Join the Maryland/DC chapter as we conduct bay “maintenance” by removing invading gum and maple trees that have moved in to the wetland at Jackson Lane, threatening to shade out the sun-loving native plants, many of which are state and globally rare.
The volunteer day will consist of using loppers and hand saws to cut back saplings and small trees. This is a great opportunity to experience a unique Delmarva bay habitat at a preserve that is typically only open for scientific research.
Participants should be comfortable using loopers and hand saws and working in some areas of standing water. Registration is required. Follow the link below to sign up.
What to wear: We strongly recommend wearing long pants, socks, a hat, sturdy footwear or rubber boots, and clothing that you can layer/don't mind getting wet and muddy. Light-colored clothing will help you spot and remove ticks before they bite (ticks and mosquitos are present in this area). Be prepared for weather changes and temperature fluctuations.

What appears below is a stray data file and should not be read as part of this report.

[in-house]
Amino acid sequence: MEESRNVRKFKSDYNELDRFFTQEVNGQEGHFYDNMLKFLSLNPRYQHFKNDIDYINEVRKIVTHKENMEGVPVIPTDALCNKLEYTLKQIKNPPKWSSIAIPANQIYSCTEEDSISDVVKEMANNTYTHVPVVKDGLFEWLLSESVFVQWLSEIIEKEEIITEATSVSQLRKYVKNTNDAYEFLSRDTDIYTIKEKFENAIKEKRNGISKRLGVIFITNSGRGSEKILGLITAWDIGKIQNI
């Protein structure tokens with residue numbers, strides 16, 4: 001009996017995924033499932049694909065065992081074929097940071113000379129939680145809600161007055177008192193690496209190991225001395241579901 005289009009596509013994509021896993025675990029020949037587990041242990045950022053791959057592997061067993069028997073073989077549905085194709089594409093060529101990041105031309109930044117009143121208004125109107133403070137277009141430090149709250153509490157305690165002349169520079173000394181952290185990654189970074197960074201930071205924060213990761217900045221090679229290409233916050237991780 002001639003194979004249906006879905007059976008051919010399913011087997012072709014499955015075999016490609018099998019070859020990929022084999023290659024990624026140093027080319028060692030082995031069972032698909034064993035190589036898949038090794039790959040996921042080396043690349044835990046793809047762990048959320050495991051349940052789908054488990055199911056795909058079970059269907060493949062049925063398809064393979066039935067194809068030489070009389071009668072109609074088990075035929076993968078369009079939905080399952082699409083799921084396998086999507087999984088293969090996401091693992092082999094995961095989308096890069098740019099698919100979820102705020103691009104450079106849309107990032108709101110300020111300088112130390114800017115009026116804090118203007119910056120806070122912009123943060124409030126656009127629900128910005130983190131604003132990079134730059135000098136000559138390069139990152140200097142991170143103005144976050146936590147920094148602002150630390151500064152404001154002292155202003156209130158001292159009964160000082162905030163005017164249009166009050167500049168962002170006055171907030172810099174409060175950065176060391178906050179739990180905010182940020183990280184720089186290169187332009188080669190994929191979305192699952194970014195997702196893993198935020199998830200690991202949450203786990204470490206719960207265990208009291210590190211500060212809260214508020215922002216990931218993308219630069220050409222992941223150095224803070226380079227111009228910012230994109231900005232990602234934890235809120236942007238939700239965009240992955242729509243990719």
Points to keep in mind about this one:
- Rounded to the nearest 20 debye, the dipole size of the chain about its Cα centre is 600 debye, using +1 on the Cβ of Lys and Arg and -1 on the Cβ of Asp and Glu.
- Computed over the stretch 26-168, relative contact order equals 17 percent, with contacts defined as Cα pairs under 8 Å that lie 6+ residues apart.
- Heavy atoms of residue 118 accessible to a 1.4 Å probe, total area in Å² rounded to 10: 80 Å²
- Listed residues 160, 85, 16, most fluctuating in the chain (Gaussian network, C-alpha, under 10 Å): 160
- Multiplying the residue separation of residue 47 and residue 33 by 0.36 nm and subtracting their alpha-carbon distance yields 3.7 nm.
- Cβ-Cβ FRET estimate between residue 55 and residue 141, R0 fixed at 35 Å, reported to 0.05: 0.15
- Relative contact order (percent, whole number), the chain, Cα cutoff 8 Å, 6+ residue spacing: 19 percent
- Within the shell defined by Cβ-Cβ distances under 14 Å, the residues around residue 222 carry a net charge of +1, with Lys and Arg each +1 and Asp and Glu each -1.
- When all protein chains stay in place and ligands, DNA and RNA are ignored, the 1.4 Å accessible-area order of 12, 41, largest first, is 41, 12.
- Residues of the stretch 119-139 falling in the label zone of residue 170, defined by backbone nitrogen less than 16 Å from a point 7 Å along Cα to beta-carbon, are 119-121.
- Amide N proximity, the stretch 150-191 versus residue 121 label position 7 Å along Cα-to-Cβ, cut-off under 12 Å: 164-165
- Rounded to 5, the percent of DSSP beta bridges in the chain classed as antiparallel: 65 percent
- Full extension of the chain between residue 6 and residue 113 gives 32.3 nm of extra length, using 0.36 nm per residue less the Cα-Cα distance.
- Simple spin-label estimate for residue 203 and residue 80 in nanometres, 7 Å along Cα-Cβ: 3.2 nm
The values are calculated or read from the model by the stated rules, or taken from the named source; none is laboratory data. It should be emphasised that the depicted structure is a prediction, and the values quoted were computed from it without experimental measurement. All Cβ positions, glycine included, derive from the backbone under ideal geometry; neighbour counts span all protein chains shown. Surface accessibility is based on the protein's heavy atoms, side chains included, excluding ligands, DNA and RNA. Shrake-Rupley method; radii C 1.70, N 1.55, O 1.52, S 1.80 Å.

What to bring: lunch, drinking water, sun protection, rain gear, bug repellent, and work gloves (if you have them). We’ll bring loppers, bowsaws and other tools, extra work gloves, drinks, and snacks.
Jackson Lane's Significance
Jackson Lane protects Delmarva Bays (seasonally flooded freshwater wetlands), which are one of the state’s rarest natural communities. These bays are are typically found along the backbone of the Delmarva Peninsula where soils are poorly drained.
The seasonal flooding and saturated soils discourage many tree species, thus creating a meadow-like opening in the forest dominated by grasses and sedges. Although the surrounding forest is essential to the health of the bays, it is the openings that harbor the nationally and state-rare plant and animal species.
The six Delmarva bay preserves owned by The Nature Conservancy contain five globally rare and fifteen state-rare species, including the carpenter frog (Rana virgatipes) and plants such as red-root (Lachnanthes caroliana)- the only Maryland occurrence- and the horned-rush (Rhynchospora inundata).
Crescent Preserve is approximately 2 hours from Baltimore/DC. Directions to the preserve will be provided.